Nokia X3

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/ Updated: 21 October 2010, 11:10 pm AEDT

Anything BlackBerry can do we can do better! You can all but hear the chant echoing around the hallways of Nokia HQ as it puts the finishing touches on its X3 announcement. Though the phone will play in two very different segments of the smartphone market, the new BlackBerry Torch and Nokia X3 share the same drawcard — a touchscreen matched with a physical keypad.

First impressions

Firstly, props to Nokia for keeping the budget-end market looking so damn sexy. The combination of a brushed-metal finish and the range of electric colours suggest a low-end phone we can get behind. The buttons look big and easy to use in the images we've seen, and the icons on screen look user-friendly as well. At 9.9mm thick, the X3 should slide easily in and out of your jeans pocket.

The jury is still out on the "touch and type" approach, however. The X3 will sport a 2.4-inch QVGA resistive touchscreen, which isn't the ingredients we tend to see in a recipe for responsive touch input. Not that we plan to judge the usability of this screen before we see it, but resistive touch panels and low-resolution screens tend to result in touch input that is more difficult to use than we'd like.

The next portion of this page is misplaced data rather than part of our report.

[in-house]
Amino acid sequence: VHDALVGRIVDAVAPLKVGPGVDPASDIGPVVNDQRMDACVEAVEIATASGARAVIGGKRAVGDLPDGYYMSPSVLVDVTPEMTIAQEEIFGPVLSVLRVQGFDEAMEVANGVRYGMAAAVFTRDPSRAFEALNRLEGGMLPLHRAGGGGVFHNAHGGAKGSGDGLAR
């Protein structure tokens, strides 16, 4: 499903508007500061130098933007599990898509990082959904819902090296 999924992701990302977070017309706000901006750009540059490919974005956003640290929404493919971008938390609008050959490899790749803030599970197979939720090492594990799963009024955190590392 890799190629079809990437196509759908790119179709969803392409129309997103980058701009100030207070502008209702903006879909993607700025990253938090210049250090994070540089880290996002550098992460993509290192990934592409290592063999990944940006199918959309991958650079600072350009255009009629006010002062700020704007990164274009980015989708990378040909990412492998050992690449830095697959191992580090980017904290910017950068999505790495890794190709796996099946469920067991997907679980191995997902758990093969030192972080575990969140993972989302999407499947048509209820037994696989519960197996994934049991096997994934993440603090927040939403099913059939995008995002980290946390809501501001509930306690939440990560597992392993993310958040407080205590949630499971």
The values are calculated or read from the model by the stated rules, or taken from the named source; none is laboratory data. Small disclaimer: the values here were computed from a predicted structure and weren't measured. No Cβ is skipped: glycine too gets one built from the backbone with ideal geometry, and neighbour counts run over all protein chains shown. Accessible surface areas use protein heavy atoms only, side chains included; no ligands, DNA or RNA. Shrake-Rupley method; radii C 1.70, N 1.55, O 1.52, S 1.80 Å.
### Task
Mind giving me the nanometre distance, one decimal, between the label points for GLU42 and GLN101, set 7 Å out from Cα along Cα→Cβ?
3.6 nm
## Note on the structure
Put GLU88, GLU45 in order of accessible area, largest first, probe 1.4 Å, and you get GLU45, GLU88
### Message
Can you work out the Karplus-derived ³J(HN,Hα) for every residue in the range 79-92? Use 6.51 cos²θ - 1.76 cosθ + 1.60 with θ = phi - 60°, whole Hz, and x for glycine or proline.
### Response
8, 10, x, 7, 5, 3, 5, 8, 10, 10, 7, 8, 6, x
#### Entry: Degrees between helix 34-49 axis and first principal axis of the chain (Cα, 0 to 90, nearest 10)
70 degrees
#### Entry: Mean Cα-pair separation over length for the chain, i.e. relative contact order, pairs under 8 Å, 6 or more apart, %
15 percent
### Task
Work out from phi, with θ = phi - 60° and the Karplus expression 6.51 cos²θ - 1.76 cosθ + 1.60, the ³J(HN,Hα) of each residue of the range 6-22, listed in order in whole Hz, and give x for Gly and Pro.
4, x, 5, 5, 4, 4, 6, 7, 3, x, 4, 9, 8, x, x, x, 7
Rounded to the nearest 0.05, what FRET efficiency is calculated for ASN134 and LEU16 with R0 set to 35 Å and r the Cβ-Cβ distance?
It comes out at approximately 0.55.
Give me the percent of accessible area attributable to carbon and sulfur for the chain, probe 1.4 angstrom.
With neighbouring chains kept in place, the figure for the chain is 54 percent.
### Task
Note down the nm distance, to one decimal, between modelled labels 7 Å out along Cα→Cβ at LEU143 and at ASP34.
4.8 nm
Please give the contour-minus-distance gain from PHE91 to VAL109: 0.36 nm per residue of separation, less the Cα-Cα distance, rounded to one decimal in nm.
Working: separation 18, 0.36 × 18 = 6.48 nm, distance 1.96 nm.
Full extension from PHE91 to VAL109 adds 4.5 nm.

If you watch the introduction video below, Nokia senior vice president for design, Marko Ahtisaari, goes into some detail about the music experience on the X3, and from what you see in the demonstration, the music player looks really nice. Album art is displayed nicely, the controls are big and clean; it looks better than some music players on higher-priced devices.

Nokia has committed to having the X3 in stores by the end of Q3, which doesn't leave the company much time, and promises to make it available "at a very affordable price point".

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Nokia X3

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